The next morning, we saw the citadel ((Where Cardinal Mazarin, six years later, shut up the leaders of the Fronde, Condé, Conti, and Longueville, — “the lion, the ape, and the fox” according to Gaston of Orleans. –AD)), strong and regular, well stored with artillery and ammunition of all sorts: the works furnished with fair brass cannon, having a motto, Ratio ultima Regum ((Latin – “The last argument of Kings” or more “The last resort of Kings”.  This phrase was placed on French cannon by order of Louis XIV  – GS)).

“Intérieur de la citadelle du Havre de Grâce” by Hubert Robert. 1700. Source: BnF. Shows woman sitting on cannon – one of many bearing the King’s motto.

The allogements ((Accommodation – from the French “logement” -GS)) of the garrison are uniform; a spacious place for drawing up the soldiers, a pretty chapel, and a fair house for the Governor ((In 1644 the Governer was Francis Vignerot Pont-Courlay – father of the Duke of Richelieu. The Duke took over the role of Governor on the death of his father in  June 1646. In this entry Evelyn wrote he met the both  Duke and Governor during his stay in Le Havre – perhaps he was incorrect when referring to notes or he met both father and son – GS)). The Duke of Richelieu being now in the fort, we went to salute him; who received us very civilly, and commanded that we should be showed whatever we desired to see. The citadel was built by the late Cardinal de Richelieu, uncle ((actually great-uncle -GS))  of the present Duke, and may be esteemed one of the strongest in France. The haven is very capacious.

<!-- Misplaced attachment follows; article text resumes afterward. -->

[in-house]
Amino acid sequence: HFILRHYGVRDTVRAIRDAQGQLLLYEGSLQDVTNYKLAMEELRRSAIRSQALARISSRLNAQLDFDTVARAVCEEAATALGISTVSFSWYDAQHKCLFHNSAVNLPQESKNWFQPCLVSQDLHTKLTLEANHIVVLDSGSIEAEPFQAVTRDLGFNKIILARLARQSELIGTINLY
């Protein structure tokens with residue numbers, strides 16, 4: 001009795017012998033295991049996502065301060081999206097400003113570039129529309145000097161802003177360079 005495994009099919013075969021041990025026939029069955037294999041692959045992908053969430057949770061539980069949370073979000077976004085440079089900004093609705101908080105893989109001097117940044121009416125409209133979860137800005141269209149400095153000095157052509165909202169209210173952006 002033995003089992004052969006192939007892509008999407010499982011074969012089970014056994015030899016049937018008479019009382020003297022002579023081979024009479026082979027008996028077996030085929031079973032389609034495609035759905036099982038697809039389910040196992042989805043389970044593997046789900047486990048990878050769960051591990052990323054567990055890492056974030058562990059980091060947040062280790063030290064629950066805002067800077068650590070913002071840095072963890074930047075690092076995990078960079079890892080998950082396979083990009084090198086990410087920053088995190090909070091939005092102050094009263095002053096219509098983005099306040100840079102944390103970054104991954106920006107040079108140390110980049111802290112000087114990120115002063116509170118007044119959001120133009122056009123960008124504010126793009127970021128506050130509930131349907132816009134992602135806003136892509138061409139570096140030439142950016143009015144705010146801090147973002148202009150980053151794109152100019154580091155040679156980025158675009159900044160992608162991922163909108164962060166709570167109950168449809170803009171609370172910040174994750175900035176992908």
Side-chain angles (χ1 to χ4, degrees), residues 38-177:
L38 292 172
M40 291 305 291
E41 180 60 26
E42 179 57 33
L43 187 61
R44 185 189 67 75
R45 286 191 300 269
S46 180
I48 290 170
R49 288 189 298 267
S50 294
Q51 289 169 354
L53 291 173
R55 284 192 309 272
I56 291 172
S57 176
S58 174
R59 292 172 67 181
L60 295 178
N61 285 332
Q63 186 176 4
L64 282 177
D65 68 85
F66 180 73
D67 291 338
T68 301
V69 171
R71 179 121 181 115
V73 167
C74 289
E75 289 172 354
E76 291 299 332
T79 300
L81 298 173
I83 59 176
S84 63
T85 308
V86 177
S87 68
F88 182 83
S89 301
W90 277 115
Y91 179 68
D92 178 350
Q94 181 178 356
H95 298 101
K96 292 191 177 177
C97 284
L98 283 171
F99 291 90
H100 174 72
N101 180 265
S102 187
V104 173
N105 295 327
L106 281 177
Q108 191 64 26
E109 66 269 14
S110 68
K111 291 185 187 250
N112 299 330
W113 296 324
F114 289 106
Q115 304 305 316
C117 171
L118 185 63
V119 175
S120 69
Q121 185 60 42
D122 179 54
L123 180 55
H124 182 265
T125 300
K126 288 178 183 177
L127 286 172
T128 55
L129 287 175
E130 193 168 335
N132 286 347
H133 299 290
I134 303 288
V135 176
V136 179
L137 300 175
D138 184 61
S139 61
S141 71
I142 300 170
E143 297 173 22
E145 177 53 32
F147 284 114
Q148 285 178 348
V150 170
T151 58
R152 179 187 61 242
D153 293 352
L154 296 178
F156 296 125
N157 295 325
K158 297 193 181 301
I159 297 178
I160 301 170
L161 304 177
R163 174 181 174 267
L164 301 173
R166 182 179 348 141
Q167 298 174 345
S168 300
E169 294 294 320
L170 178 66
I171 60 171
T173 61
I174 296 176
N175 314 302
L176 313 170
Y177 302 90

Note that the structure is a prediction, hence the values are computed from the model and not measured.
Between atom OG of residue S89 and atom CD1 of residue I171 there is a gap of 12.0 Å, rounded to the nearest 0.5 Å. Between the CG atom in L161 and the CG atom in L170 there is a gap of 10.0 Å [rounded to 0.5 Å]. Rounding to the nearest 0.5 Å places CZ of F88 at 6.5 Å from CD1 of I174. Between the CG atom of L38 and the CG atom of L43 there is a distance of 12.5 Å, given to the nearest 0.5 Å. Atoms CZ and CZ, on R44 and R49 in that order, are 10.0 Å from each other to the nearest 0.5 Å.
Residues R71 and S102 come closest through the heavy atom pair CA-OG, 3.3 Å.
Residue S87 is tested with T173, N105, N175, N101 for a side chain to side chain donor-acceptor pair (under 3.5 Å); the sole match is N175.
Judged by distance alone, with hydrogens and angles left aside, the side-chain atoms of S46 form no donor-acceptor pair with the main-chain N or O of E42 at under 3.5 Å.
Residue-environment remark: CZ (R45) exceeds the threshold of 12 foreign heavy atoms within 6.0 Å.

“La (sic) Havre de Grâce” by Jaques Gomboust, 1657. Source: BnF

When we had done here, we embarked ourselves and horses to pass to Honfleur, about four or five leagues ((An English  league was 3 miles, so Evelyn was stating 12-15 miles or 19 – 24km -GS))  distant, where the Seine falls into the sea. It is a poor fisher-town, remarkable for nothing so much as the odd, yet useful habits which the good women wear ((Possibly the distinctive quichenotte or sun-bonnet -GS))  , of bears’ and other skins, as of rugs at Dieppe, and all along these maritime coasts.